“I’m not sure where to begin!” I replied. “I always love having these talks in person.” It’s true. I’m the type of dater who reserves any sort of deep, personal conversations for the face-to-face time. The apps merely provide the introduction and a space for a few jokes and one-liners before the personal contact follows.
But now that’s not possible, and I’ve been finding myself having more in-depth conversations via text and phone calls with women I’ve never met than ever before. Makes sense, right? Just like you go long enough without food and you’re bound to get hungry enough to much on snacks from the vending machines rather than waiting for the 6oz. sirloin from Outback. And that’s what we’ve been doing; we’ve been munching on the appetizers (apps for short…get it?) rather than patiently waiting out the quarantine and reconnecting then.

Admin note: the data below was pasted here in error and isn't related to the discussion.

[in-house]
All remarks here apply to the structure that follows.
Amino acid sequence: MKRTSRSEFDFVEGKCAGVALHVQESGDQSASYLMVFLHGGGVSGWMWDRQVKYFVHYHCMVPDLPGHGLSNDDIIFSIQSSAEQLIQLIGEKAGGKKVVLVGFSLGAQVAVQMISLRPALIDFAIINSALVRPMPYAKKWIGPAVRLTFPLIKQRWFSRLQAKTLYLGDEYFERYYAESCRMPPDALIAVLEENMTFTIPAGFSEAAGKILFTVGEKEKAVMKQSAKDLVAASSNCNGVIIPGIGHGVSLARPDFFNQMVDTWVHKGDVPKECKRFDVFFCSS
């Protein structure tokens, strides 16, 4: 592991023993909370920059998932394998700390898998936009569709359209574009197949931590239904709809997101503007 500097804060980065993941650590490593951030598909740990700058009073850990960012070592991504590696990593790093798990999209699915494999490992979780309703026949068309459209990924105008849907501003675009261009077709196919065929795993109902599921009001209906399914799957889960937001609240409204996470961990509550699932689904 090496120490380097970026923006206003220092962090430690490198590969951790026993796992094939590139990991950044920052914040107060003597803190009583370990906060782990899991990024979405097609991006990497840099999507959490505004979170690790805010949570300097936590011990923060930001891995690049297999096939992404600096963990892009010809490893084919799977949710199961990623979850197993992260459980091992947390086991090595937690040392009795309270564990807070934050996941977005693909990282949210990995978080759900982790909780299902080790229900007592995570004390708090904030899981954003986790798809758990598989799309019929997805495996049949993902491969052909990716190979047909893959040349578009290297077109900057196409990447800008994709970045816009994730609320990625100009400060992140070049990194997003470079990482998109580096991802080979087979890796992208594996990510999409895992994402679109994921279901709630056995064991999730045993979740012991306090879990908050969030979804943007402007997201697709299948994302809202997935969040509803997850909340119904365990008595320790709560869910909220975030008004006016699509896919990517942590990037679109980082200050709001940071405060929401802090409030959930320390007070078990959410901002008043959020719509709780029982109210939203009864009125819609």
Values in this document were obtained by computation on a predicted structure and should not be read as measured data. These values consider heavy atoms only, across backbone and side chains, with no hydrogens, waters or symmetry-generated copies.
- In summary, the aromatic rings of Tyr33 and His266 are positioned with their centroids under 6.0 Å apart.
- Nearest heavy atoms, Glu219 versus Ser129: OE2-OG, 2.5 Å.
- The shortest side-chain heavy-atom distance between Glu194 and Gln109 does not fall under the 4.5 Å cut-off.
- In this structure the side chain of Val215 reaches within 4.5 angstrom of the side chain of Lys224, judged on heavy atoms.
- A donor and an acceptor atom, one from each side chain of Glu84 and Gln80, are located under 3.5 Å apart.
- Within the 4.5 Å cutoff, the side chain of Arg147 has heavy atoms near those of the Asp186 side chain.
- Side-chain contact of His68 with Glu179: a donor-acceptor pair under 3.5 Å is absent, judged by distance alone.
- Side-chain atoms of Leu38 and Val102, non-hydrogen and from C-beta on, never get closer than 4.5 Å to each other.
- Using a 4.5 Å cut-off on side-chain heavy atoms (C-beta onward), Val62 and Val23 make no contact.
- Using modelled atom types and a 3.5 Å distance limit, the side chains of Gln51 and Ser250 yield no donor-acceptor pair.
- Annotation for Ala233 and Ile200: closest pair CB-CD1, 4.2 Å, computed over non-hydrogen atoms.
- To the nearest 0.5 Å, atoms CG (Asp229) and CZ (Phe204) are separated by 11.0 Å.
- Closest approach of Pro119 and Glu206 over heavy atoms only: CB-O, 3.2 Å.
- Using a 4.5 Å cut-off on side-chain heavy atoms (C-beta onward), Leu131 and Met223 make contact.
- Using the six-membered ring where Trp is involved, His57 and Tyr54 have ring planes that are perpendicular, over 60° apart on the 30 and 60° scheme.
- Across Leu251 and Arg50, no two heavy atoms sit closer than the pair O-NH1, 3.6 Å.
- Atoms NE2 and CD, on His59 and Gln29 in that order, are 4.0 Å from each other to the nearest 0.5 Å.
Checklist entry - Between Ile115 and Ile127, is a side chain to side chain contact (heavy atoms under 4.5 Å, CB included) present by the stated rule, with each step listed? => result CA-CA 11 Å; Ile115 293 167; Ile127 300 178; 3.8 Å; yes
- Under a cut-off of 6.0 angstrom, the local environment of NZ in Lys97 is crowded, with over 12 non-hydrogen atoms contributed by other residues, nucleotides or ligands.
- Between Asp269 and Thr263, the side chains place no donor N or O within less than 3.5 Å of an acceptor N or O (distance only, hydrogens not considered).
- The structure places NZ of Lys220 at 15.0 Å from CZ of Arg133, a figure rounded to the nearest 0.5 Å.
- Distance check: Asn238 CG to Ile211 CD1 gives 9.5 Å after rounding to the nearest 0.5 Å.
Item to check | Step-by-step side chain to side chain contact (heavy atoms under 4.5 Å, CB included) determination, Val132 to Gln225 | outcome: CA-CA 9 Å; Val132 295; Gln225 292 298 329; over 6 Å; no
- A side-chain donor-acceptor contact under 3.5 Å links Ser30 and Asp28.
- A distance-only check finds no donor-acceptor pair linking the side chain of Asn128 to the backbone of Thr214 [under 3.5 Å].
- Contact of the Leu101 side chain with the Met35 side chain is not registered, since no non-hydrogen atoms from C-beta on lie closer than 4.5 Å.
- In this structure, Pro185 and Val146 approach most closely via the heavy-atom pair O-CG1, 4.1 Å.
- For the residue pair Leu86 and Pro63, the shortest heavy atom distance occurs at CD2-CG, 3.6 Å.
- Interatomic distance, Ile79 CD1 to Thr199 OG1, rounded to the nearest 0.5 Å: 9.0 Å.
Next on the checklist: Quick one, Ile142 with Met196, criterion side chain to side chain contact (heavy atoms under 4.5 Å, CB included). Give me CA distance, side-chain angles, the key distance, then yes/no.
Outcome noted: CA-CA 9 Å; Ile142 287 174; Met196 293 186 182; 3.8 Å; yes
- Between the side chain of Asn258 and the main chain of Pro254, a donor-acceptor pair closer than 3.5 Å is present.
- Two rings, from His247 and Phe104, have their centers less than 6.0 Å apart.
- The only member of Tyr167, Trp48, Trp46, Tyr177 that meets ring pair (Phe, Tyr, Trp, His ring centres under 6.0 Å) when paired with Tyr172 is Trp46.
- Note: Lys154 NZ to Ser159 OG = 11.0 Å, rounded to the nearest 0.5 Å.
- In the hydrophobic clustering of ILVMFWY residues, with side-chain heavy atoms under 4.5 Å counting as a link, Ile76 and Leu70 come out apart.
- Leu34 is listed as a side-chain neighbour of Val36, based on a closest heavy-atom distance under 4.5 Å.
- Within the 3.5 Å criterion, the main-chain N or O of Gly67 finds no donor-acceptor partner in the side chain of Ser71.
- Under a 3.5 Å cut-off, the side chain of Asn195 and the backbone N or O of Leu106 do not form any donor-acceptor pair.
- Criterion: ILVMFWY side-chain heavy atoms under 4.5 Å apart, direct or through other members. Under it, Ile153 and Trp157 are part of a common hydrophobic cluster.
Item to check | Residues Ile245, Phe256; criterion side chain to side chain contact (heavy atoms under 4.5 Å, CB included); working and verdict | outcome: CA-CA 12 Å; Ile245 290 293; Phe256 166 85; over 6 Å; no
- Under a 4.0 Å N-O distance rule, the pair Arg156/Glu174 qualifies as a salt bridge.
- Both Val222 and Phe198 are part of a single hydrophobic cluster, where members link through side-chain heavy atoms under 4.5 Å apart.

When the lockdown was first announced, I didn’t make any modifications to my behavior where dating was concerned. I assumed it would be two weeks, three tops, and I could then rally with the few matches I had been chatting with. Three weeks later, the end date has been pushed back another month and there is slim chance of an end any time soon.
You can only splash around in the shallow end so long before getting bored and leaving the pool.
My interest in dating waxes and wanes with the toilet paper roll. Some days I attack my chats like I’ll be getting married the day quarantine is lifted. Other days I passively let the chats stack up and delete them all after dinner.